“Sometimes families have said thanks but no thanks,” she said.

Marion Buller is the chief commissioner of the National Inquiry into Missing and Murdered Indigenous Women and Girls. Photo: APTN News

Marion Buller is the chief commissioner of the National Inquiry into Missing and Murdered Indigenous Women and Girls. Photo: APTN News

Ross said she was surprised that the inquiry staff did not have her daughter’s police report, coroner’s report or any other official paperwork available at her hearing.

“All they had was clips from the Internet on stories of her,” she said. “In my position, I think it was a waste of time to drive up there and tell that story. “

Without an extension, the inquiry will move to the next phases. Part two and three of the “truth-gathering process” will see commissioners interview decision-makers, politicians and policymakers in the areas of policing and child welfare.

The first hearing will take place in Quebec City from May 14- May 17, 2018, but there is no information available on who will attend.

See hearing dates here: MMIWG Hearing Dates

hmoore@aptn.ca

@hollymooreaptn

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One Response to “APTN Investigates: MMIWG – After the stories are told”

  1. Sallybuns@gmail.com'
    Dee May 6, 2018 at 9:53 am #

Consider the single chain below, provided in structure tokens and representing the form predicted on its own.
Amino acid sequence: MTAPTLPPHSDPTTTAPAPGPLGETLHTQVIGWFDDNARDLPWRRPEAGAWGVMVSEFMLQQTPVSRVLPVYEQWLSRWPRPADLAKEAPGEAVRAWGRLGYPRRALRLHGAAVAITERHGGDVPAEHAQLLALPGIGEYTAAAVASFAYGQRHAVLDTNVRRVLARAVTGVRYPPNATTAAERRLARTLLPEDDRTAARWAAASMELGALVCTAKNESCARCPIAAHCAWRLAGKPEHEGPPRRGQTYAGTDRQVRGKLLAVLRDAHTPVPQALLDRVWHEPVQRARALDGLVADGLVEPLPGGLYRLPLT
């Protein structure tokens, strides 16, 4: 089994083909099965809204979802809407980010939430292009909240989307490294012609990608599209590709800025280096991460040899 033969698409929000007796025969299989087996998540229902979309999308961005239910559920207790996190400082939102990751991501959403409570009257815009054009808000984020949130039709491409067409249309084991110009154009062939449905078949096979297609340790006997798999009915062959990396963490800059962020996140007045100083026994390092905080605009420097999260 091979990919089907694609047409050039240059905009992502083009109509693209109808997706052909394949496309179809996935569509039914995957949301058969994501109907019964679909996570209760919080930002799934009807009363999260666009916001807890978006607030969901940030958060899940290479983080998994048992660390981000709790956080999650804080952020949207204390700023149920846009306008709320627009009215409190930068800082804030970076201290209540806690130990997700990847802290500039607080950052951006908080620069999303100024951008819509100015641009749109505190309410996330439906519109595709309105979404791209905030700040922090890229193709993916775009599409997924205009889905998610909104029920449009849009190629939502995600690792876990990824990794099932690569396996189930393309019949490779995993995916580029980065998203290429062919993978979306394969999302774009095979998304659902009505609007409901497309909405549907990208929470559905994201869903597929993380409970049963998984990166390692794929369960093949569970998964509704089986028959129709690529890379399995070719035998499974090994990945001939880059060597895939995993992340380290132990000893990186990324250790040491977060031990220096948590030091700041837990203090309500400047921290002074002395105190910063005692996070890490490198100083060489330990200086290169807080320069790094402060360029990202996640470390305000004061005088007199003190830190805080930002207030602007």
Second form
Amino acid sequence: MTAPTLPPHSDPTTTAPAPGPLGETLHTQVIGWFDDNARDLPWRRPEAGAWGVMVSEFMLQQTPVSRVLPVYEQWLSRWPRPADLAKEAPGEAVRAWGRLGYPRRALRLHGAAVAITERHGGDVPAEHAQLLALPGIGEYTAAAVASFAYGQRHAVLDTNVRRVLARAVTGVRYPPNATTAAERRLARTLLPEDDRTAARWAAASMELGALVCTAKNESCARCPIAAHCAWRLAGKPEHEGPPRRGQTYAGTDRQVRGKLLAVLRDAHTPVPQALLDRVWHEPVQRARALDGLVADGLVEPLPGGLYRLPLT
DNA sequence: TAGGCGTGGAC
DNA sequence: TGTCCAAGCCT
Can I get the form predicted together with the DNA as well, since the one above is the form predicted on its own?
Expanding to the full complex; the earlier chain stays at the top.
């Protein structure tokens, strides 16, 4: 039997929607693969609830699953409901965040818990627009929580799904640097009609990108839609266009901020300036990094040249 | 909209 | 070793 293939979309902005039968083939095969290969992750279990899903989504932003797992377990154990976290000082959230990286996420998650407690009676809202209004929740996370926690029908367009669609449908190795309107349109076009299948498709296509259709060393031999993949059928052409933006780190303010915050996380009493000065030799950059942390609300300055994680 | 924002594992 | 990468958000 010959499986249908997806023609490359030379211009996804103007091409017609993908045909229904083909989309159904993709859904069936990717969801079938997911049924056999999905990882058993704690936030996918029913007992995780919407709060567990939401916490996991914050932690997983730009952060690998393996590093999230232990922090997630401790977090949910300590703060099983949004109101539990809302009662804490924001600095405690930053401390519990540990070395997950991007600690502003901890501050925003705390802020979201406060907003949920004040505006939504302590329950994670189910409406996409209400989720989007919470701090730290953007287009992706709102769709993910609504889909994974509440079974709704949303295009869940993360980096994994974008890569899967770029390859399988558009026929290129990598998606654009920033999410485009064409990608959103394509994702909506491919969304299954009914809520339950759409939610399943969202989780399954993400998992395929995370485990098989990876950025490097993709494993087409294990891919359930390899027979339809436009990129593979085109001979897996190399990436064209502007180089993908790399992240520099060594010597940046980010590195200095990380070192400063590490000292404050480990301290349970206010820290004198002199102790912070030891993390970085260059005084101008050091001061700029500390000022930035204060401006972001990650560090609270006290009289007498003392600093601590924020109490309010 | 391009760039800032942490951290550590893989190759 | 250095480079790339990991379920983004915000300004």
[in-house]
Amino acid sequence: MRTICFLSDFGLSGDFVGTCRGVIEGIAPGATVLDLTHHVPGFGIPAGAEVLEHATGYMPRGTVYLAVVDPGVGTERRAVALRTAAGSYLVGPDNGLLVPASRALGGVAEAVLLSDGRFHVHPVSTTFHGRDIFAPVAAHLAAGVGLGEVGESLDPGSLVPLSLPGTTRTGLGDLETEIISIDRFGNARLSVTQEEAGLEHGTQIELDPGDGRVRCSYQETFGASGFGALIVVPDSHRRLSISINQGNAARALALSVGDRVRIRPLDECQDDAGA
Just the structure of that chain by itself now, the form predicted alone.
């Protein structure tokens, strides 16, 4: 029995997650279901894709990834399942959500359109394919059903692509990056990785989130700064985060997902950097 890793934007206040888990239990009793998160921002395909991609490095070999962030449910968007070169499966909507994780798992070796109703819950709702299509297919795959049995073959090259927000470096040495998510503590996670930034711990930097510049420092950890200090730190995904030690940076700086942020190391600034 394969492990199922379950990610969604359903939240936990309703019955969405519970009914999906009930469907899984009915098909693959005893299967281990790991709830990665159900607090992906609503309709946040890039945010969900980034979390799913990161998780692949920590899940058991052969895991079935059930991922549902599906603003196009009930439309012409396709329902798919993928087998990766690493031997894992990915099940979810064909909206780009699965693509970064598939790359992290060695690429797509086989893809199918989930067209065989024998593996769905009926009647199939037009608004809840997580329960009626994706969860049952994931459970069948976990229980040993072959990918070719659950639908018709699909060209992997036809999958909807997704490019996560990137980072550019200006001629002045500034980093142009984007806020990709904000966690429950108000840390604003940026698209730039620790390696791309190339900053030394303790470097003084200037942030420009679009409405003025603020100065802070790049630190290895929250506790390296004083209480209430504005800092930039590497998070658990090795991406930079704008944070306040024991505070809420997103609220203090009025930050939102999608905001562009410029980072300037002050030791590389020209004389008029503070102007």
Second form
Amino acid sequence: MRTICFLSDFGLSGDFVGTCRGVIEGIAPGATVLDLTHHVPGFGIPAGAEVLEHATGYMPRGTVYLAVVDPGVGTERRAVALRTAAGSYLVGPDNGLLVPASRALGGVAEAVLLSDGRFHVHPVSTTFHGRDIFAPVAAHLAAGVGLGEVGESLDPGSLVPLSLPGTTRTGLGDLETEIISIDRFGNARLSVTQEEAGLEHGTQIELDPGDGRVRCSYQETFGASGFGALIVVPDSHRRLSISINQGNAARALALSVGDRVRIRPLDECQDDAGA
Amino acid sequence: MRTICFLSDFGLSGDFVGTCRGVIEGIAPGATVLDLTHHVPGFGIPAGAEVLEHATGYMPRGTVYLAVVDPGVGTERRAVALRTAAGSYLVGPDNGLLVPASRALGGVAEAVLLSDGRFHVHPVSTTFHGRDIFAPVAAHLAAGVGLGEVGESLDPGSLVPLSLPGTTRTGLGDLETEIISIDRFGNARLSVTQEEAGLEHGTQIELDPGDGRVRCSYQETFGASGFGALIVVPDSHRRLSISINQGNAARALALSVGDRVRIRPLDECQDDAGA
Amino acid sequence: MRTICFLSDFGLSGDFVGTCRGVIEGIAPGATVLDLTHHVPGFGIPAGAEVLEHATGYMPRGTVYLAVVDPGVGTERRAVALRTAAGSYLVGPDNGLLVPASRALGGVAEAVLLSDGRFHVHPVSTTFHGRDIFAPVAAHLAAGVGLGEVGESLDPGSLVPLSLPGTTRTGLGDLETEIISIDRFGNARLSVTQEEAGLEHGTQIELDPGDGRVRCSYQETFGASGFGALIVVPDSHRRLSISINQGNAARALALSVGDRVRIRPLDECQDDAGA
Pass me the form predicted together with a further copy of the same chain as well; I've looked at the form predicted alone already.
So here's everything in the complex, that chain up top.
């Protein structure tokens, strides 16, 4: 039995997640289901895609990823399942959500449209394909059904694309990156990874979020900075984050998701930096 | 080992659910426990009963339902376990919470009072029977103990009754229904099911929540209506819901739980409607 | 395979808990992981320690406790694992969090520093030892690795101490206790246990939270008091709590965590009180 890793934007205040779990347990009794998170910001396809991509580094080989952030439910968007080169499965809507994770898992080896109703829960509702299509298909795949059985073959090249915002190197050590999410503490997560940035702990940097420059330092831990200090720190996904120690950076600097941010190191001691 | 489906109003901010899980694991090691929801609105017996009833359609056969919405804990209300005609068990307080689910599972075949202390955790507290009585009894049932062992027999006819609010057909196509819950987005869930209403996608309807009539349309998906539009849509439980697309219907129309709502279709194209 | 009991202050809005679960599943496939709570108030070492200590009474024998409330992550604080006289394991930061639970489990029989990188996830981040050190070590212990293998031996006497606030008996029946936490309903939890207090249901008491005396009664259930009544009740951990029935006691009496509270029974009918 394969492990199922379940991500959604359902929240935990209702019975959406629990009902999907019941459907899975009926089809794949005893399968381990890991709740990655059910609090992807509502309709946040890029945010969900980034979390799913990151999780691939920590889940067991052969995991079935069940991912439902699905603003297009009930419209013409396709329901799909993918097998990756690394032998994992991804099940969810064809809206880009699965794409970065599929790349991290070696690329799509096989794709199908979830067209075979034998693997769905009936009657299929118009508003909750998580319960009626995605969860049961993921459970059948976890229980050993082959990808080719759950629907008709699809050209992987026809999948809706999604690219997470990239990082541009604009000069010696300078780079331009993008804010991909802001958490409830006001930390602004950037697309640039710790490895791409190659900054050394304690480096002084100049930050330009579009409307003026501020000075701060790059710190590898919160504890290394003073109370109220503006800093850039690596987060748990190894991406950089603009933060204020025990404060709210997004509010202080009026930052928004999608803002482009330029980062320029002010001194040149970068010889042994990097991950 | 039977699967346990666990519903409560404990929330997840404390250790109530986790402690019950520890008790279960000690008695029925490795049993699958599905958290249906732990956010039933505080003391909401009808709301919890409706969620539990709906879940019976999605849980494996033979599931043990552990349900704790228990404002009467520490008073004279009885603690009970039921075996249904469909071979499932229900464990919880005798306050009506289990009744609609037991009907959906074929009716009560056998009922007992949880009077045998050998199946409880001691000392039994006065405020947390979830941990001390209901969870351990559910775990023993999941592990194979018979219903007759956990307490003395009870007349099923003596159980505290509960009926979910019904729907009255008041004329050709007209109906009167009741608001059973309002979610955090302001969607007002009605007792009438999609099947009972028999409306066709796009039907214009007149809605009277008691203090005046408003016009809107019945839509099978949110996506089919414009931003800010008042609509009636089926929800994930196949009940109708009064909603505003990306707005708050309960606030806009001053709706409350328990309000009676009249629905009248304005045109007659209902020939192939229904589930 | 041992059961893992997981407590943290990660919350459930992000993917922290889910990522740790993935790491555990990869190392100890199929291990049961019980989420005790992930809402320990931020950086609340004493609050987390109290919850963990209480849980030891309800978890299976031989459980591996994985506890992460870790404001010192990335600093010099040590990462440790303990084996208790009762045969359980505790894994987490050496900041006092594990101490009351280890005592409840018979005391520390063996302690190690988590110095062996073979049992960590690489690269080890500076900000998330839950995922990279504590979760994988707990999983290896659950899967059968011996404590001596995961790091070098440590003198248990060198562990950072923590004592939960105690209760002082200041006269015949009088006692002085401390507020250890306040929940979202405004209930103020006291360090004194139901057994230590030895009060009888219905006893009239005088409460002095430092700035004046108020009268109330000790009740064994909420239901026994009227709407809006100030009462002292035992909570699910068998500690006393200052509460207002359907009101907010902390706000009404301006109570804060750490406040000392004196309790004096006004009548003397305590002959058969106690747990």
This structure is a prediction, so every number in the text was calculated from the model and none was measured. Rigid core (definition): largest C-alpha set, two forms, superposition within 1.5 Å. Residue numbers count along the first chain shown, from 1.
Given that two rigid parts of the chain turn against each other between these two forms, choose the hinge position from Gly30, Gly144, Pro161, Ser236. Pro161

The inquiry was set up to hear our stories on our missing and murdered loved ones. We all had a choice to be a part of it or not. For myself, I had no expectations of the process and those involved. I didn’t feel that this particular venue was the end all be all of MMIG. I feel that some people expected this process to provide closure and the much needed healing of hearts and souls that have hurt for so long. Many people did not agree with the inquiry, myself included. However, for me it was a start and mistakes were going to be made. I decided to give my testimony as i wanted to watch the process and to be a part of history whether it was a negative or positive. This process was no different then the many times I told my story in meetings or at different venues. I hoped they took our sadness and devastation and figured out the common denominator and put the onus on the people who deserved it most. But not once did I feel this inquiry was going to be the magic pill that took it all away and made it better. For those who fell into that category and ended up feeling major disappointment I’m really sorry that it was not what you felt it was to be. I feel sad and disappointed that you felt your story was not treated with the respect and kindness it should have been. This is where it gets hurtful and somewhat mean, because I felt they treated all the stories the same. Which was a good thing, because in the making of the inquiry people were taking it to the extreme of I had it worse then you did, so I should be treated with more respect or kindness then her, who hasn’t had as much trauma. I’m sorry for going on and on, it just makes me mad thinking that people didn’t feel they were treated fairly. I say be grateful it was given some attention and we were given the chance to be a part of something that may not have happened at all. I’ve lost friends, siblings and a child, as well as almost losing myself. I’ve shar d my stories numerous times and this was just another one of those times. Did it make a difference? We aren’t sure yet…. the inquiry isn’t over. Am I opened up and trained over sharing my story again? No, because it was up to me to be a part of this. I wasn’t forced into it. Maybe those who are disappointed and left open should take a step back and look at where they are in their journey, maybe that wasn’t the proper venue for you. Maybe your expectations were high, or maybe you were expecting something a bit more monetary to help your healing. Whatever the case, I say good try Canada, and thank you for the attempt.